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Hey,

I've been bitten by the bug. Again. :)

I want a .357 and I have a line on a nice older Taurus Model 66. It was made in 1990 and has the blued finish, 3" bbl, wood grips, and the adjustable sight.

Then I got to wondering if I might be better off buying a new(er) Model 66.

Can any of you folks speak to the quality of the older Mod. 66s as compared to the newer versions? Let's assume the older and newer are in equal, excellent condition.

I know nothing about when Taurus made changes in this model. I spent a few hours looking for info but came up pretty dry.

I do know that on the 1990 I'm interested in that the firing pin transfer bar is in the frame, not on the hammer and the cylinder is not recessed.

Not a lot to go on, sorry.

I know there are a lot of 66 guys here. I'd love to know what your thinking is on this.

And, as always, thanks.

mikem
 

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Make sure you check it thoroughly, if it is in good working order buy it!.....................
 
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Trade offs, buddy. Older model is likely to have a nice blued gun, if you look hard enough, and a very classic style 357 mag. The newer gives you another round, 7 shots, but the gun is only offered in stainless and a matted black finish. It depends on what is important to you. I personally love my newer 66 stainless.
 
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Do the revolver checkout for sure! If it passes, then I believe that buying it would be reasonable (if the price is reasonable). The photo sure makes it look like a well cared for revolver. I do like that deep blued finish. You won't find that on any of the new models. I have a new 66 4" in SS and find it to be a very nice revolver and believe that many others feel the same way.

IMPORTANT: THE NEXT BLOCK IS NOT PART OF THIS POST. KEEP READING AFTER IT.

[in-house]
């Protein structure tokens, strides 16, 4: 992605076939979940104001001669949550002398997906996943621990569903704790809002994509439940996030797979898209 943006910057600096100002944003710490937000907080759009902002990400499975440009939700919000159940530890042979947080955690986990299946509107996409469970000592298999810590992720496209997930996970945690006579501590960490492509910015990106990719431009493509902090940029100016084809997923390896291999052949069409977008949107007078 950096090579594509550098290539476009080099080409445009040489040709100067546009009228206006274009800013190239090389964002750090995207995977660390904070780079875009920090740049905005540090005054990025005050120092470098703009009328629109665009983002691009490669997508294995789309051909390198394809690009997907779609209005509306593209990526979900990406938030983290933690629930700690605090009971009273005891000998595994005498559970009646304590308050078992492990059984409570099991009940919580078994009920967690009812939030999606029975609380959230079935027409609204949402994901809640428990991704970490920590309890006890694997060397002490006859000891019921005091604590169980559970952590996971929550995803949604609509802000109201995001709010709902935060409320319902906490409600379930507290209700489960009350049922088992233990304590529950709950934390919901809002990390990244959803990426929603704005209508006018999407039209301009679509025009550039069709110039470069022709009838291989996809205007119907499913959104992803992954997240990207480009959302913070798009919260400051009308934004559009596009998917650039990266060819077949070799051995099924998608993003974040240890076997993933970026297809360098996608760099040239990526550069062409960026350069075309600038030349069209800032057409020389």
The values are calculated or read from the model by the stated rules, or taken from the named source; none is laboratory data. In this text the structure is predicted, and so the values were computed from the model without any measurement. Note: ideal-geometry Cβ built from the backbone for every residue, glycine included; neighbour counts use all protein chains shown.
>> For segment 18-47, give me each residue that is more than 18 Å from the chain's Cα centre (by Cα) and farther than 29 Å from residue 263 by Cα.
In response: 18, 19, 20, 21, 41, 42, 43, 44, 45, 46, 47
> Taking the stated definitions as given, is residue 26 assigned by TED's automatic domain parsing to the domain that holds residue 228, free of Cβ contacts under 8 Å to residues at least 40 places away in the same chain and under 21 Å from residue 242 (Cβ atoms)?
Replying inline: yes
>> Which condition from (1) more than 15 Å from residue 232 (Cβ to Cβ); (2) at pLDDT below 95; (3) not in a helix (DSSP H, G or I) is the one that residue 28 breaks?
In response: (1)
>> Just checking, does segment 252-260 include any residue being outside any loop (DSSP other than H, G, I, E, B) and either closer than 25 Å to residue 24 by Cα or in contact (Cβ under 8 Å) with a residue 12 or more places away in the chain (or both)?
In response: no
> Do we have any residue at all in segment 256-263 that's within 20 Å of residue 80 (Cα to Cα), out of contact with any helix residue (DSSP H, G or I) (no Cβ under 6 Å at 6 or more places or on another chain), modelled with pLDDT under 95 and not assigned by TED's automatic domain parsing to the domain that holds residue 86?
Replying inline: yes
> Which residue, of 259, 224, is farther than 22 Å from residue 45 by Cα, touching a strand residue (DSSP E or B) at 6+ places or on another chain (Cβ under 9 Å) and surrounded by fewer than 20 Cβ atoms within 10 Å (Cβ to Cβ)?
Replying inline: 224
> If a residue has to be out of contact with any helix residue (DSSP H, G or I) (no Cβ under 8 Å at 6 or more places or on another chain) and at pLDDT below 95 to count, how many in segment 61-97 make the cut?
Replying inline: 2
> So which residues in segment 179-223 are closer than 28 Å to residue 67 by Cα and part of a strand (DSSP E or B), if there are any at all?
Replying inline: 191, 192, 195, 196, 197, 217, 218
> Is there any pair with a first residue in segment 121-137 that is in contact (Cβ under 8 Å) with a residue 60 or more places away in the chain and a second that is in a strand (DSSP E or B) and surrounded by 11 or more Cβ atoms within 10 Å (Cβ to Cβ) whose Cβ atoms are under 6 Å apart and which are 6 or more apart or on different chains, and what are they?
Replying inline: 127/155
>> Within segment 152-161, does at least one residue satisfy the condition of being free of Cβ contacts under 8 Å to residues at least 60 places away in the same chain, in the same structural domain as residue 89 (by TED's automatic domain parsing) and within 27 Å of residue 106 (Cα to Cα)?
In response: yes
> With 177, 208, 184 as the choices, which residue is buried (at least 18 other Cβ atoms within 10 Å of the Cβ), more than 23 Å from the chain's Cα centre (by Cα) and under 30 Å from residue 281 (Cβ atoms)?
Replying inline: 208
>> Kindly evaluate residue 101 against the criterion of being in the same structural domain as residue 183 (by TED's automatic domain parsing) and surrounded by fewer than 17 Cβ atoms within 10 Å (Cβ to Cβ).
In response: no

Personally, I would buy the blued '90s 66 (if it checks out AND the price is reasonable)! You will able to buy a newer one later, if you desire.
Flex
 

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I really like 3" .357 Magnums, but I wouldn't afraid to really scrutinize a used M66. Make sure that when the hammer's back the cylinder locks tight with minimum play. Definitely check the forcing cone to make sure that it's cut square to the cylinder face with no wavy lines. Inspect the bore but judging from the drag line on the cylinder, it doesn't appear to have been fired much.

Advantage for new would only be models made on CNC machines, and personally, I'd go stainless. But it's been some years since they made 3" M66 versions and another plus for the used model, IMO, is that it's a 6 shooter rather than 7.;)
 

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If you can pick it up for around $270.00 to $300.00, buy it....................
 
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I really like 3" .357 Magnums, but I wouldn't afraid to really scrutinize a used M66. Make sure that when the hammer's back the cylinder locks tight with minimum play. Definitely check the forcing cone to make sure that it's cut square to the cylinder face with no wavy lines. Inspect the bore but judging from the drag line on the cylinder, it doesn't appear to have been fired much.

Advantage for new would only be models made on CNC machines, and personally, I'd go stainless. But it's been some years since they made 3" M66 versions and another plus for the used model, IMO, is that it's a 6 shooter rather than 7.;)
The forcing cone is a good call. While I shot a lot of 357 mag out of my new Model 66, in two years the forcing cone was not only toast, it developed a crack. Further, perhaps it just the photo, but the bluing shows a lack of the luster one would expect from a polished and blued gun. The Model 66 I bought was a new model with the Krylon black finish which mars very easily; as other have said, if you are going new, I would recommend you go stainless
 

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If the 1990 model is priced right, you can likely recover your cost easier than selling the new model that’s slightly used at its new price.
Plus, nice looking 29 year old revolvers get harder and harder to find.
 
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